Projectile motion, mechanics and electricity and magnetism. Solid understanding of algebra and a basic understanding of trigonometry necessary.
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One-dimensional motion

In this tutorial we begin to explore ideas of velocity and acceleration. We do exciting things like throw things off of cliffs (far safer on paper than in real life) and see how high a ball will fly in the air.

Two-dimensional motion

You understand velocity and acceleration well in one-dimension. Now we can explore scenarios that are even more fun. With a little bit of trigonometry (you might want to review your basic trig, especially what sin and cos are), we can think about whether a baseball can clear the "green monster" at Fenway Park.

Forces and Newton's laws of motion

This tutorial is the meat of much of classical physics. We think about what a force is and how Newton changed the world's (and possibly your) view of how reality works.

Work and energy

Work and energy. Potential energy. Kinetic energy. Mechanical advantage. Springs and Hooke's law.

Impacts and linear momentum

Linear momentum. Conservation of momentum. Elastic collisions.

Moments, torque, and angular momentum

Thinking about making things rotate. Center of mass, torque, moments and angular velocity.


Classical gravity. How masses attract each other (according to Newton).

Oscillatory motion

Pendulums. Slinkies. You when you have to use the bathroom but it is occupied. These all go back and forth over and over and over again. This tutorial explores this type of motion.



Electricity and magnetism

Electrical circuits are all around us. The computer you're using to read this is full of them! Let's start to study how electrical charges interact.


Mechanical waves and sound

Geometric optics

Light waves

Forces and Newton's laws of motion

This tutorial is the meat of much of classical physics. We think about what a force is and how Newton changed the world's (and possibly your) view of how reality works.
All content in “Forces and Newton's laws of motion”

Newton's laws of motion

This tutorial will expose you to the foundation of classical mechanics--Newton's laws. On one level they are intuitive, on another lever they are completely counter-intuitive. Challenge your take on reality and watch this tutorial. The world will look very different after you're done.

Normal force and contact force

A dog is balancing on one arm on my head. Is my head applying a force to the dog's hand? If it weren't, wouldn't there be nothing to offset the pull of gravity causing the acrobatic dog to fall? What would we call this force? Can we have a general term from the component of a contact force that acts perpendicular to the plane of contact? These are absolutely normal questions to ask.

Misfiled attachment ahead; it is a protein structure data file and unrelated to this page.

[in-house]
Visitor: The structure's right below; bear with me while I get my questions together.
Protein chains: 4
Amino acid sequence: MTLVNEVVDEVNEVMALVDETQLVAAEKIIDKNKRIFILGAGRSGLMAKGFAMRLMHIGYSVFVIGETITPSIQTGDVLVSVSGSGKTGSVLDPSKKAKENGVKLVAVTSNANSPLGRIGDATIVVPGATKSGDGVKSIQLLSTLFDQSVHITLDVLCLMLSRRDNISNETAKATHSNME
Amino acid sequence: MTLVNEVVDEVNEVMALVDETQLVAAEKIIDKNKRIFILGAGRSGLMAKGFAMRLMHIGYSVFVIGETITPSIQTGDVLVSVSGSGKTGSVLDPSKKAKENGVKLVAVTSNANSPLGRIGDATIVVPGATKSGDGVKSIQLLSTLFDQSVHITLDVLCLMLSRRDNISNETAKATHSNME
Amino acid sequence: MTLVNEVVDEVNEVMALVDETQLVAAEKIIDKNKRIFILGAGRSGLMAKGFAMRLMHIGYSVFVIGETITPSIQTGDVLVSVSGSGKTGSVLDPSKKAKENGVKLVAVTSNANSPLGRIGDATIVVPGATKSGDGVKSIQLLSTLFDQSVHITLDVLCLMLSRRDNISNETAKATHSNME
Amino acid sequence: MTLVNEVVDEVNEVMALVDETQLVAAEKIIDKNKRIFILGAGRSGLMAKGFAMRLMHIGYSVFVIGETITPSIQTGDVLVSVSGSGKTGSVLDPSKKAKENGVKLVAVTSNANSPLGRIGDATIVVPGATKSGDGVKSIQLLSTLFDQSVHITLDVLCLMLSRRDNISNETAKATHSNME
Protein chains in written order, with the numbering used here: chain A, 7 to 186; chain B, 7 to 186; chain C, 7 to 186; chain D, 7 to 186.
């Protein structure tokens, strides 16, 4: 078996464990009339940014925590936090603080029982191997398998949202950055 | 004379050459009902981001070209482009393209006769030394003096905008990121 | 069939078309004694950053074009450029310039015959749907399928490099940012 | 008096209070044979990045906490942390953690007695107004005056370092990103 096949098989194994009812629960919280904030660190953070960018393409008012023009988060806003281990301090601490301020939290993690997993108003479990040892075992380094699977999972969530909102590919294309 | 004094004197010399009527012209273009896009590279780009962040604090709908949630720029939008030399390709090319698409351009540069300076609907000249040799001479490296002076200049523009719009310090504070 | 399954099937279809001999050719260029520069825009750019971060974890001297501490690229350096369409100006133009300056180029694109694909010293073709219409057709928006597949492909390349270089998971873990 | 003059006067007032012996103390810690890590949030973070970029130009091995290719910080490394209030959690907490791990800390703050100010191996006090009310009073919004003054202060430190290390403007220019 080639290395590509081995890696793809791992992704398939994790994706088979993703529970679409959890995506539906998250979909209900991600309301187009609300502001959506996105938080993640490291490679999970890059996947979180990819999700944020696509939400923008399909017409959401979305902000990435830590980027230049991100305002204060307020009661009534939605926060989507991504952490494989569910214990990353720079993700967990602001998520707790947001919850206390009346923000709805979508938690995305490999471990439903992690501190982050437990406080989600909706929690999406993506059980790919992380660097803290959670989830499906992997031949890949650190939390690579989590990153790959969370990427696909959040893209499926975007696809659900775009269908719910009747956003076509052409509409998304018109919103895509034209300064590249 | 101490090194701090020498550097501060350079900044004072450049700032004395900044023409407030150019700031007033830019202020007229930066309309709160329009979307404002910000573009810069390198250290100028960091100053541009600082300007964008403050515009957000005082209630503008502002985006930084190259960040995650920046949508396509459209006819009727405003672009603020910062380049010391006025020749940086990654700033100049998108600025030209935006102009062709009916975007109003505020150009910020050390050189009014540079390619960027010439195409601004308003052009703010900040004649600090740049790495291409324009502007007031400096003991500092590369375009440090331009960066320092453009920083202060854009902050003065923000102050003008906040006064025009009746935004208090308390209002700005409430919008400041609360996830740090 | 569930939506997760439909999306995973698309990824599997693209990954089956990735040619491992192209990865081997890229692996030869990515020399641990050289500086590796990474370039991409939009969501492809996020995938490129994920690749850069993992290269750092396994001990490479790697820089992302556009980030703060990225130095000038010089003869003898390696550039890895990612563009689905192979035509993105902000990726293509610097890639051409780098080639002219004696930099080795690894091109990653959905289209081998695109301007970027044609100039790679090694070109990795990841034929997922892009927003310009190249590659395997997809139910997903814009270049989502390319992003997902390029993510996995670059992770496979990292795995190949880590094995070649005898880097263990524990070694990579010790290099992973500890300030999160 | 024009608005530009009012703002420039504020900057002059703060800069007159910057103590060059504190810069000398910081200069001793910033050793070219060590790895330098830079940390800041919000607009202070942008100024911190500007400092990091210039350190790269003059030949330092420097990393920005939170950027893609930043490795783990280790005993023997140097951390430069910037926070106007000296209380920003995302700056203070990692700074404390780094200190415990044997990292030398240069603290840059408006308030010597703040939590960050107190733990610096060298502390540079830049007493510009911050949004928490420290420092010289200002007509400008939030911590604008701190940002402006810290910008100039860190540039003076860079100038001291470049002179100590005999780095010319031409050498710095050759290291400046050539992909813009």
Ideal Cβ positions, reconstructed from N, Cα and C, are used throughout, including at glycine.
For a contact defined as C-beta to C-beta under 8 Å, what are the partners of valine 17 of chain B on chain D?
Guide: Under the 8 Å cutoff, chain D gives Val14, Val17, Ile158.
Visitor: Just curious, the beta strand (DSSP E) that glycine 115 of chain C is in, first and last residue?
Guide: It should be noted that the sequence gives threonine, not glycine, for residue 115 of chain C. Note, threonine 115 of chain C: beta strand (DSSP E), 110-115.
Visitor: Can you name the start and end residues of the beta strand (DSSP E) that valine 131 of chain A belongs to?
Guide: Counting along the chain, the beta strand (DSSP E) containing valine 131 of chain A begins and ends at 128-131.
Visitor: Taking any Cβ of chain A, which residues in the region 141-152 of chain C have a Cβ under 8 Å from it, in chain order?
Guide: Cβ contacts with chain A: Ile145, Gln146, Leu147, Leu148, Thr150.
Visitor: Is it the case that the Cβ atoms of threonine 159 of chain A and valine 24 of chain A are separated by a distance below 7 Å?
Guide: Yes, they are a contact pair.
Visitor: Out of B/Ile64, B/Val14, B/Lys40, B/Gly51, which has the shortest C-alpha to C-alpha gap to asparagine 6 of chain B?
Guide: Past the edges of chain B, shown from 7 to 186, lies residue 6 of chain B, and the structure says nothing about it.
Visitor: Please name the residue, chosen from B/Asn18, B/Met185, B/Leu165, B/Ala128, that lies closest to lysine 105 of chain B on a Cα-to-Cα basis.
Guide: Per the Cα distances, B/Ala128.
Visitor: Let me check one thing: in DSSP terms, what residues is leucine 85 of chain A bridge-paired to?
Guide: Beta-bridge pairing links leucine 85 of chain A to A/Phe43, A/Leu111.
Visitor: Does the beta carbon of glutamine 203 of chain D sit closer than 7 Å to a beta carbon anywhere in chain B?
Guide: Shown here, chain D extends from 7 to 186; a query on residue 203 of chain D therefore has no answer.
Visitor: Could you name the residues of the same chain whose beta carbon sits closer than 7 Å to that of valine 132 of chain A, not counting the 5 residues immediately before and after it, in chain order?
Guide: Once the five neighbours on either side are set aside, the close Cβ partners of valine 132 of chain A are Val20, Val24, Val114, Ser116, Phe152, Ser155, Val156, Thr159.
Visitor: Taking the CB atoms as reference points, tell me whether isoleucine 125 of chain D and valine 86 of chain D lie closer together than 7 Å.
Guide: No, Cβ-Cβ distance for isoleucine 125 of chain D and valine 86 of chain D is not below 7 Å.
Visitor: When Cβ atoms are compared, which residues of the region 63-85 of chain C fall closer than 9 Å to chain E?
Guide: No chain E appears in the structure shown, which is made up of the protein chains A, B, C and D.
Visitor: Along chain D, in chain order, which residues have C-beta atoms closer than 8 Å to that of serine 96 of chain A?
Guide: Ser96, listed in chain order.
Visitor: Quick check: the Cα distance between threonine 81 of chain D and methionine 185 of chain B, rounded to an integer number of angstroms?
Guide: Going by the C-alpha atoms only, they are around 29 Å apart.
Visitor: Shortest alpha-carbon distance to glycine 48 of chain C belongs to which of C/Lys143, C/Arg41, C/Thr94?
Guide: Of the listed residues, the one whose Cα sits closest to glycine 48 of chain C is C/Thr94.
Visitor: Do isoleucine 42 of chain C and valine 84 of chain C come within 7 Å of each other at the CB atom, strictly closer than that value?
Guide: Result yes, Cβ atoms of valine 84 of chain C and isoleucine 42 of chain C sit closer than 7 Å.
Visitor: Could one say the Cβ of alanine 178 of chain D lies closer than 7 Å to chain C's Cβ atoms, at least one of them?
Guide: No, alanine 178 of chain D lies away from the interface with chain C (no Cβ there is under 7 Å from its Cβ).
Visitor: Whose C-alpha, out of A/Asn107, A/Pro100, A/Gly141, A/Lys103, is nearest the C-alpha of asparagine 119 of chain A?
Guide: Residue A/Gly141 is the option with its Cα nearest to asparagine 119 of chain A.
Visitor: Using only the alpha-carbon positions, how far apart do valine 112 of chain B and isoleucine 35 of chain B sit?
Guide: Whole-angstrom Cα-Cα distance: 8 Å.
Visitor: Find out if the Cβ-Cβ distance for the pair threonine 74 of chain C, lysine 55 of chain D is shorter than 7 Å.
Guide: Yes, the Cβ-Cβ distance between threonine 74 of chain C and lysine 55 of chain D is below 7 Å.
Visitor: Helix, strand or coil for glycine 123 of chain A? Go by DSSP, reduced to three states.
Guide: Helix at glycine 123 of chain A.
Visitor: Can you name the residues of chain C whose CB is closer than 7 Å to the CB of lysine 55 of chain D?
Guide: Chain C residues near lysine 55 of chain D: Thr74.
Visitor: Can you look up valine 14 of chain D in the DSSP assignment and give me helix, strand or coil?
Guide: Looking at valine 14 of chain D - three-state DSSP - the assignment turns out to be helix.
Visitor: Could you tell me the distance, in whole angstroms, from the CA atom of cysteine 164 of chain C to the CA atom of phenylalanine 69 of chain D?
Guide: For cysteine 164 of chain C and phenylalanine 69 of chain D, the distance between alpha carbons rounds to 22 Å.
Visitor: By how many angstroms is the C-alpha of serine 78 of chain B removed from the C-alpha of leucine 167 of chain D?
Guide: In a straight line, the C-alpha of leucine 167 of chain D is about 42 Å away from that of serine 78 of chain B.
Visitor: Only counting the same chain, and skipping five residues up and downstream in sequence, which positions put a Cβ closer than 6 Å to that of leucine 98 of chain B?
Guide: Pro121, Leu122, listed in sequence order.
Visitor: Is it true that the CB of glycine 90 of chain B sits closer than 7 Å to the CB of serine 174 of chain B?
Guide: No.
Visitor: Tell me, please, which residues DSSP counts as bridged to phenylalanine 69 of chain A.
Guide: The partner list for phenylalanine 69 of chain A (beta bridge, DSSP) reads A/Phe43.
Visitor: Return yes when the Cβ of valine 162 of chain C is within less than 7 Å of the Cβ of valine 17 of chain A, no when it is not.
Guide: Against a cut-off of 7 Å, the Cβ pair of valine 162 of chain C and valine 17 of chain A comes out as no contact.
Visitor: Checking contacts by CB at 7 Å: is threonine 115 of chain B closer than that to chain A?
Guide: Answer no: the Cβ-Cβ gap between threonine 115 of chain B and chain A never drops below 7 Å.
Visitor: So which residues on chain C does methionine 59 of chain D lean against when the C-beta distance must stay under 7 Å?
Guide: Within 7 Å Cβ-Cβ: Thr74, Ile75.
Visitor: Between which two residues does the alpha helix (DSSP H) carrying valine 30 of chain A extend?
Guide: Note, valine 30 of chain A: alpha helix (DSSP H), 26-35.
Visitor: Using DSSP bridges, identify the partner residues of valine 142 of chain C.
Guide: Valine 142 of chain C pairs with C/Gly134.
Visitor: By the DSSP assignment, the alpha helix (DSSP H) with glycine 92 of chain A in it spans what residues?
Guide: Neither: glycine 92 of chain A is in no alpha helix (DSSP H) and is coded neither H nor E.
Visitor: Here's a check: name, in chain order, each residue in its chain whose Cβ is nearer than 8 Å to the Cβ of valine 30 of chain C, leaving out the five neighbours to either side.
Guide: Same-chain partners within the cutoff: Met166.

Balanced and unbalanced forces

You will often hear physics professors be careful to say "net force" or "unbalanced force" rather than just "force". Why? This tutorial explains why and might give you more intuition about Newton's laws in the process.

Slow sock on Lubricon VI

This short tutorial will have you dealing with orbiting frozen socks in order to understand whether you understand Newton's Laws. We also quiz you a bit during the videos just to make sure that you aren't daydreaming about what you would do with a frozen sock.

Inclined planes and friction

We've all slid down slides/snow-or-mud-covered-hills/railings at some point in our life (if not, you haven't really lived) and noticed that the smoother the surface the more we would accelerate (try to slide down a non-snow-or-mud-covered hill). This tutorial looks into this in some depth. We'll look at masses on inclined planes and think about static and kinetic friction.


Bad commute? Baby crying? Bills to pay? Looking to take a bath with some Calgon (do a search on YouTube for context) to ease your tension? This tutorial has nothing (actually little, not nothing) to do with that. So far, most of the forces we've been dealing with are forces of "pushing"--contact forces at the macro level because of atoms not wanting to get to close at the micro level. Now we'll deal with "pulling" force or tension (at a micro level this is the force of attraction between bonded atoms).